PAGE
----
I have a habit of reading international press. Through the day I will see articles written in various countries, and all of them have their own way of doing things. One of the things they all seem to get wrong are dates.
No, not those sweet things growing on a tree on the corner of Wilton Drive and NE 21st Court. I’m talking about “Today’s Date”.
You see, I have more years writing computer programs than I care to count. I’ve written more reports, displays, screens and web pages full of data that if you show me something, count to 30 and ask, I’ll tell you what has been done wrong or if it’s right.
Sure, that’s a lot to say right there but really am I full of myself or do I have a point?
Most of the time these reports are nothing more than a long tedious list of numbers and words. The trick is getting them all in the right order. Something will be listed in the main order, then there may or may not be a secondary order, and that can be crucial to the person using the report or web page.
In the United States and many countries, we use what we call a Middy Date. At least we did when I was learning programming. Month Day Year is the order. MMDDYY or Middy.
It doesn’t work.
Take a long list of dates and sort them in order and you find yourself trying to make sense of “this year” or “last year”. Sure, last year should show first but if you are just looking at the date as 06/01/11, it will come before 07/02/12 but after 05/03/13. You have to take the year into account.
Europeans with their Dummy Dates aren’t any better. Day Month Year is rubbish when you are looking at a list of dates that are before the 13th of the month. You won’t know until you find a later day in the month, say the 21st that you are looking at a report displaying in DDMMYY fashion.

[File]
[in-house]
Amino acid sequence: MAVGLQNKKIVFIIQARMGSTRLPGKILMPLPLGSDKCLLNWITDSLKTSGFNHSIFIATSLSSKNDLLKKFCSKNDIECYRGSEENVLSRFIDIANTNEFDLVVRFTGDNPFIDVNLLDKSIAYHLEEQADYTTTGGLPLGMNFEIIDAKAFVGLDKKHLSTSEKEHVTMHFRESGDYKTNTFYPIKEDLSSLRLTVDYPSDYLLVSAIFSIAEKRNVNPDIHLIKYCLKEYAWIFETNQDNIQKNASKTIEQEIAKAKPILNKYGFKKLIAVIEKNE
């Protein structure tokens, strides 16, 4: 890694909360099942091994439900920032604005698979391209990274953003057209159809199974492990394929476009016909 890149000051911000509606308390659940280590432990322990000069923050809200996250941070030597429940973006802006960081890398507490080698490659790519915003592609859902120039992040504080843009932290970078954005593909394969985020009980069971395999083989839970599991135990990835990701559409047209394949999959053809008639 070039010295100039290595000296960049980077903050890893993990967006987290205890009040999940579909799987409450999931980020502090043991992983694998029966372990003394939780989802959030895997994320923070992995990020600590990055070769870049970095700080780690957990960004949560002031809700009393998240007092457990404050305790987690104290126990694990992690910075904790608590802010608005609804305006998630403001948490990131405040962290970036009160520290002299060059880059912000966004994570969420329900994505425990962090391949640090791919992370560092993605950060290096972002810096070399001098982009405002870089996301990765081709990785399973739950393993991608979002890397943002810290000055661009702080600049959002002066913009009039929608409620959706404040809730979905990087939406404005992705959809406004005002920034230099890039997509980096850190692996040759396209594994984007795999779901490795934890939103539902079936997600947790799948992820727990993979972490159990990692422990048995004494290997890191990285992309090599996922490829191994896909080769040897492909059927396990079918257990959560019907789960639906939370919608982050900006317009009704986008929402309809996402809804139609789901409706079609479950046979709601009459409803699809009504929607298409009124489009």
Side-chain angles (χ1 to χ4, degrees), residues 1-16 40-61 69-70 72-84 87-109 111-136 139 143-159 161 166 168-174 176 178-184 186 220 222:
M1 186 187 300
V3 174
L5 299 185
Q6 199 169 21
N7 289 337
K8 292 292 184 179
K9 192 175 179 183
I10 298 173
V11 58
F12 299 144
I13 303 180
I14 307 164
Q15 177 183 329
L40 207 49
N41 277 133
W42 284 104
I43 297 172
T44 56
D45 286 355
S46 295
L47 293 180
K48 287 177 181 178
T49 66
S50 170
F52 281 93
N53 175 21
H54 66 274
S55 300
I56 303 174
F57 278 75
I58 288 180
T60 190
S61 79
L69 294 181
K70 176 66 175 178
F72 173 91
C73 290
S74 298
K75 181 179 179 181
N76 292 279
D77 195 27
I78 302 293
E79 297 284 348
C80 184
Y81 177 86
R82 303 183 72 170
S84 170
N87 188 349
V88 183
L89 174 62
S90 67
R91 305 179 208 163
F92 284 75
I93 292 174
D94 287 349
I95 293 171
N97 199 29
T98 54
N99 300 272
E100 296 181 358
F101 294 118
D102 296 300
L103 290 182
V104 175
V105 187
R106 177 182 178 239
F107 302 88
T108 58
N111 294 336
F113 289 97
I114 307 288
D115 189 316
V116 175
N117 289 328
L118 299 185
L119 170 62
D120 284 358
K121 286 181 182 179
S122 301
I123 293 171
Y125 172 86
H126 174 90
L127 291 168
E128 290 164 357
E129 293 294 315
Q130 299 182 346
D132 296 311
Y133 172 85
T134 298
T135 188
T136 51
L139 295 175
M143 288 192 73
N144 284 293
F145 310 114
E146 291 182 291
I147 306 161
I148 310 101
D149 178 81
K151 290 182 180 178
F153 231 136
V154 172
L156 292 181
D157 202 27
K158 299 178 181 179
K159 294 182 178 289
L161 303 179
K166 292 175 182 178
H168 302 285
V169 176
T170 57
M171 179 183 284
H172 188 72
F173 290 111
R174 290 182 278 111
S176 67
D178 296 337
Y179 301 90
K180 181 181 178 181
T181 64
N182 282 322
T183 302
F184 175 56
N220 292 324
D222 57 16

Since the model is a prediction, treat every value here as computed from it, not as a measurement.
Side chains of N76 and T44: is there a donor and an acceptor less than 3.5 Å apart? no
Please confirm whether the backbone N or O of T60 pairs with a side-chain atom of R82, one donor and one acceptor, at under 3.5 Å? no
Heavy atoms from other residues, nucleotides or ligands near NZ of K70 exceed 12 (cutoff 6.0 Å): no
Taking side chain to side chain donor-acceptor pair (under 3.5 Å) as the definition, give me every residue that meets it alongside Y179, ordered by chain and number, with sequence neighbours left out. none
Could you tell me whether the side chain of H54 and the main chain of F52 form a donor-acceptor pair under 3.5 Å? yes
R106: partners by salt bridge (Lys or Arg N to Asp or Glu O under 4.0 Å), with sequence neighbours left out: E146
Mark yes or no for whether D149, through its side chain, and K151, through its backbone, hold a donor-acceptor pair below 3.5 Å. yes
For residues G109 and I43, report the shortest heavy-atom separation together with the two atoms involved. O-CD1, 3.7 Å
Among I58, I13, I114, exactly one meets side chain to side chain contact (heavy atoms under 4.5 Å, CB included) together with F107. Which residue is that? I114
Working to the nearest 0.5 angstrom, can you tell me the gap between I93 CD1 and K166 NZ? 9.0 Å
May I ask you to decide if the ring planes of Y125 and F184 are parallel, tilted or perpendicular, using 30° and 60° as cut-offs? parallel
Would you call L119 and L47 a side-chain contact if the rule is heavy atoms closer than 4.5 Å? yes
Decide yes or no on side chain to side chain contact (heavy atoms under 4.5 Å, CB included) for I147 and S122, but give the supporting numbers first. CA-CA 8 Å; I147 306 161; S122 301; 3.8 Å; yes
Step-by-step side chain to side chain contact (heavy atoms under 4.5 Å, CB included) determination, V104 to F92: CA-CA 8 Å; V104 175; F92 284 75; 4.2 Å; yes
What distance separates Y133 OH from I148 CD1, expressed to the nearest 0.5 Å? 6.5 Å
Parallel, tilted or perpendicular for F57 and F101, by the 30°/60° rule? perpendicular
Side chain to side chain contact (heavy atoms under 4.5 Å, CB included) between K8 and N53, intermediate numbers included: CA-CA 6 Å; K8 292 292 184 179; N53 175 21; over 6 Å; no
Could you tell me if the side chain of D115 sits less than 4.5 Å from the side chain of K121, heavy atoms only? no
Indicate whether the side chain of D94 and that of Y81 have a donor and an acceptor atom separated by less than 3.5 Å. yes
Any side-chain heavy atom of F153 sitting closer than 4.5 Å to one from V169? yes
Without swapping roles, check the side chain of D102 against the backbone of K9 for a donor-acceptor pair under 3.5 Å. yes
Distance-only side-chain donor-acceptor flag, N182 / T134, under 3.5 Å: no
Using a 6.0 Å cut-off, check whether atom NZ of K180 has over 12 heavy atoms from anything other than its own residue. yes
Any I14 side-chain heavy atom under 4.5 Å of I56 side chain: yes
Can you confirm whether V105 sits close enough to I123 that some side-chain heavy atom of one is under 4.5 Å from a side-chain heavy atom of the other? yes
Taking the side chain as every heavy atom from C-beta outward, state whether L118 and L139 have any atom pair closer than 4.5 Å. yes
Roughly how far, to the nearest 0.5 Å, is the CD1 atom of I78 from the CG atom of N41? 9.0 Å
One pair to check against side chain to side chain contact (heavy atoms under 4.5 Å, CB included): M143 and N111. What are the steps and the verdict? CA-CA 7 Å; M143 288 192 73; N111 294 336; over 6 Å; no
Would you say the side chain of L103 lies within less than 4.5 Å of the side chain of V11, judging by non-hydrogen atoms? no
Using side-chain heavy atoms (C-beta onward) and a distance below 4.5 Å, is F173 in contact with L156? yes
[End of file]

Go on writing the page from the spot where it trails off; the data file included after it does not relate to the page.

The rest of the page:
Most reporting tools will look at a setting on your computer and check to see if your date string is Middy or Dummy, and display things in that fashion. The truth is that most data is kept in a database and that is even another weird format based on second since the epoch – January 1 1970 is one number that comes to mind. The computer will add up all those seconds, do calculations and spit out a date based on where your setting is.
When I was writing programs in old school COBOL, I had to consider these things. COBOL did not have that built in, and you were constantly fiddling around with dates to get them in the right order. We settled on a third solution – Yummy Dates. Store your dates in Year Month Day Order or YYMMDD. The problem is that outside of programming, nobody uses those dates naturally.
Or do they?
Actually if you’re trying to keep long lists of files and dates are important, Windows can be tricked to use those Yummy dates in the file names. Sure you can sort the files in Date Order, but then you find yourself having to check the status bar for when that file was created.
Where I use this heavily is in anything financial. I have a directory, er, Folder that has a printout of each transaction I have done. The printouts are all PDF files so I can see exactly what the web page looked like so many years back. The first few characters of the files are the Yummy Date.
For Example, a bank transfer to checking done on March 19th, 2012 was called “2012-03-19 Transfer To Checking.PDF” and sits in that bank’s folder. Makes things quite tidy.
That reminds me… instead of writing about it, I’ve got another transfer to checking to do and time to pay the Charge Card.
Hope that’s all clear and not like mud!